The Government of Australia and moderate Muslim leaders jf the country met Tuesday to join forces in the fight against terrorism.
Critics said the exclusion of radical Muslims from the landmark summit at Parliament House risked further marginalizing young Muslims among Australia's 350,000 Islamic community.
Although Australia has never been hit by a major terror attack there are fears that Prime Minister John Howard's close links to the United States and decision to send troops to Afghanistan and Iraq have raised the country's profile as a target for Islamic anger.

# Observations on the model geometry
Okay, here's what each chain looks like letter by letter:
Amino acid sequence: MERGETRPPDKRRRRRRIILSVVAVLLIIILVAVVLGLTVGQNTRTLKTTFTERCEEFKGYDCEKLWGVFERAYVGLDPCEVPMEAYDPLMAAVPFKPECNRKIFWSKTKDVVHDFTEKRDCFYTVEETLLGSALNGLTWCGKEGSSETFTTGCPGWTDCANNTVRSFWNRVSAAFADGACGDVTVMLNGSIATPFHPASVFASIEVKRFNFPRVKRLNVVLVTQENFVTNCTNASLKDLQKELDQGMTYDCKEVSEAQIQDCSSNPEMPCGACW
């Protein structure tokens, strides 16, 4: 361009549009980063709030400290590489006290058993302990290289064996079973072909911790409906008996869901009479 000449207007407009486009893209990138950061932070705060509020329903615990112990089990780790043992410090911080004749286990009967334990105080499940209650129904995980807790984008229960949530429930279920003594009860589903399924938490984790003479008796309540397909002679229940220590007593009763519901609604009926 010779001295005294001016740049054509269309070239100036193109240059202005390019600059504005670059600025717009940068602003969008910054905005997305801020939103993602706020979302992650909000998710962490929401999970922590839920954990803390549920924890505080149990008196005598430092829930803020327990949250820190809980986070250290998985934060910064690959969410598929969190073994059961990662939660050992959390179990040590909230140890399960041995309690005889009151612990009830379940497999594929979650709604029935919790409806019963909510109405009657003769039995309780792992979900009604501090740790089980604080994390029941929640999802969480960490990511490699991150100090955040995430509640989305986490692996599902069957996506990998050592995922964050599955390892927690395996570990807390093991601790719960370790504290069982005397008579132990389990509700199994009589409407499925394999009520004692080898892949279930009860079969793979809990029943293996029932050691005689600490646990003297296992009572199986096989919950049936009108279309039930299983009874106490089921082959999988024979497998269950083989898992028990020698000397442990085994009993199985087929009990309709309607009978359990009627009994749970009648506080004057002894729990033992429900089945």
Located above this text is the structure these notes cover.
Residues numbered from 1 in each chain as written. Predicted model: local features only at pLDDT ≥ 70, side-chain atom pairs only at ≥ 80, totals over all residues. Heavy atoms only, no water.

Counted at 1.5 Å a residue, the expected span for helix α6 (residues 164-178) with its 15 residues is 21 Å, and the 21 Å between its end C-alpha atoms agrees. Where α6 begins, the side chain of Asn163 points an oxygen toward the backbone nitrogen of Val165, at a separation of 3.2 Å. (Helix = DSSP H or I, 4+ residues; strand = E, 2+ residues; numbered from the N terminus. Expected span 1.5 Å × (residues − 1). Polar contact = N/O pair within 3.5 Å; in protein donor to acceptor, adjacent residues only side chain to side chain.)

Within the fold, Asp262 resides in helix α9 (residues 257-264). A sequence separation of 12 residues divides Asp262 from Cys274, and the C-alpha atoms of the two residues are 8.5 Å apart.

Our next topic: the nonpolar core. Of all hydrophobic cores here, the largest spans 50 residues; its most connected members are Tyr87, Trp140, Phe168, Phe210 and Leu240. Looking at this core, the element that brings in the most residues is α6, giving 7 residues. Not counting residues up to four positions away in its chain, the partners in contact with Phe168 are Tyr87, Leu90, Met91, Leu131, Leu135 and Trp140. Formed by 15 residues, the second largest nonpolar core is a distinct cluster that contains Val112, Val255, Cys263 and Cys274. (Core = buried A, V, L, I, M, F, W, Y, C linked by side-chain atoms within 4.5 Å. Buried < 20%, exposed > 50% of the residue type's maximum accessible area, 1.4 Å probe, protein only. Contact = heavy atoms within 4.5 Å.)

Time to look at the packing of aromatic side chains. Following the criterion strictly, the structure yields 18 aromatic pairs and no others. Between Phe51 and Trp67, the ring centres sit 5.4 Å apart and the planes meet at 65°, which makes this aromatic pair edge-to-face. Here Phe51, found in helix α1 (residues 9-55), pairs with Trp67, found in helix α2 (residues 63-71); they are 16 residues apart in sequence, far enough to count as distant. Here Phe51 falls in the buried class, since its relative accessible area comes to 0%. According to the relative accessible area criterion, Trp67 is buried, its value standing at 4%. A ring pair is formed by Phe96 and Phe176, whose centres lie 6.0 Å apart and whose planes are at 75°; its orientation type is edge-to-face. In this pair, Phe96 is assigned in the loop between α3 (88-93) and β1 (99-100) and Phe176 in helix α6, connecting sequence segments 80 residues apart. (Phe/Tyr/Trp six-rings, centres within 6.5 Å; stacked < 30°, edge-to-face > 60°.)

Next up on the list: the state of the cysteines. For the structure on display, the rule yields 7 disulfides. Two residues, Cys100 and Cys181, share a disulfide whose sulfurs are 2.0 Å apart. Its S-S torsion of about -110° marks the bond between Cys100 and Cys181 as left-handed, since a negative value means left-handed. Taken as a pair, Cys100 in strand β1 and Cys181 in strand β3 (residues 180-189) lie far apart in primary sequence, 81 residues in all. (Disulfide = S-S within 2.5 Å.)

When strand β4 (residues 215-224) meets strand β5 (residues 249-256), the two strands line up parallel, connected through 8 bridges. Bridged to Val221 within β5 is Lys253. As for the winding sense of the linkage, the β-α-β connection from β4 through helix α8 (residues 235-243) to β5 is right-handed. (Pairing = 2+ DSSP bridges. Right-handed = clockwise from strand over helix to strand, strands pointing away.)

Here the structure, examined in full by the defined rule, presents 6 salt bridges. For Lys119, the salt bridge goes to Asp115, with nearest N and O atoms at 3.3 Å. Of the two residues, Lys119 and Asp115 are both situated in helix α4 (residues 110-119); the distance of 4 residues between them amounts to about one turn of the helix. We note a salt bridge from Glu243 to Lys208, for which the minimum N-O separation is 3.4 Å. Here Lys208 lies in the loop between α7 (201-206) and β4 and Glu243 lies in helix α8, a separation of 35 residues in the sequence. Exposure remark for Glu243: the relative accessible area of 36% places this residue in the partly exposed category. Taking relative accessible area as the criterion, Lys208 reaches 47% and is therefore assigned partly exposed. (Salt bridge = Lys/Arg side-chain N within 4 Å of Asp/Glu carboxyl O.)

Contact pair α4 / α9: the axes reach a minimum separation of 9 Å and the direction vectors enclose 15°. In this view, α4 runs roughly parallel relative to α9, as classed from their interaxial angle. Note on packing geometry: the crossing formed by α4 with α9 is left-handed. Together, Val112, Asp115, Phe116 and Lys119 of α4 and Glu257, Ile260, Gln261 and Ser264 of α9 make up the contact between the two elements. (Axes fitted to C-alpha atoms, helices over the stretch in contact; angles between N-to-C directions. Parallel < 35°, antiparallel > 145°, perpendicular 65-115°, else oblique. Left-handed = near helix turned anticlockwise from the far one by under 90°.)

Hassim Doureihi, Sydney spokesman for the radical Hizb ut-Tahrir Islamic group that was recently banned in Britain, said the government should accept that its foreign policy on Iraq and Afghanistan was to blame for anger among Muslims.
"It's disappointing to see that the prime minister continues to fail to acknowledge any responsibility for a condition which he gave rise to and which Western governments continue to give rise to," said Doureihi, who was not invited to the summit.
"And we reject any attempt to place the collective burden upon the Muslim community and not upon the government itself," he added.
Canberra recently increased its troop numbers in Iraq and plans to send 190 elite combat troops to Afghanistan next month to fight al-Qaida and Taliban insurgents, the AP reports.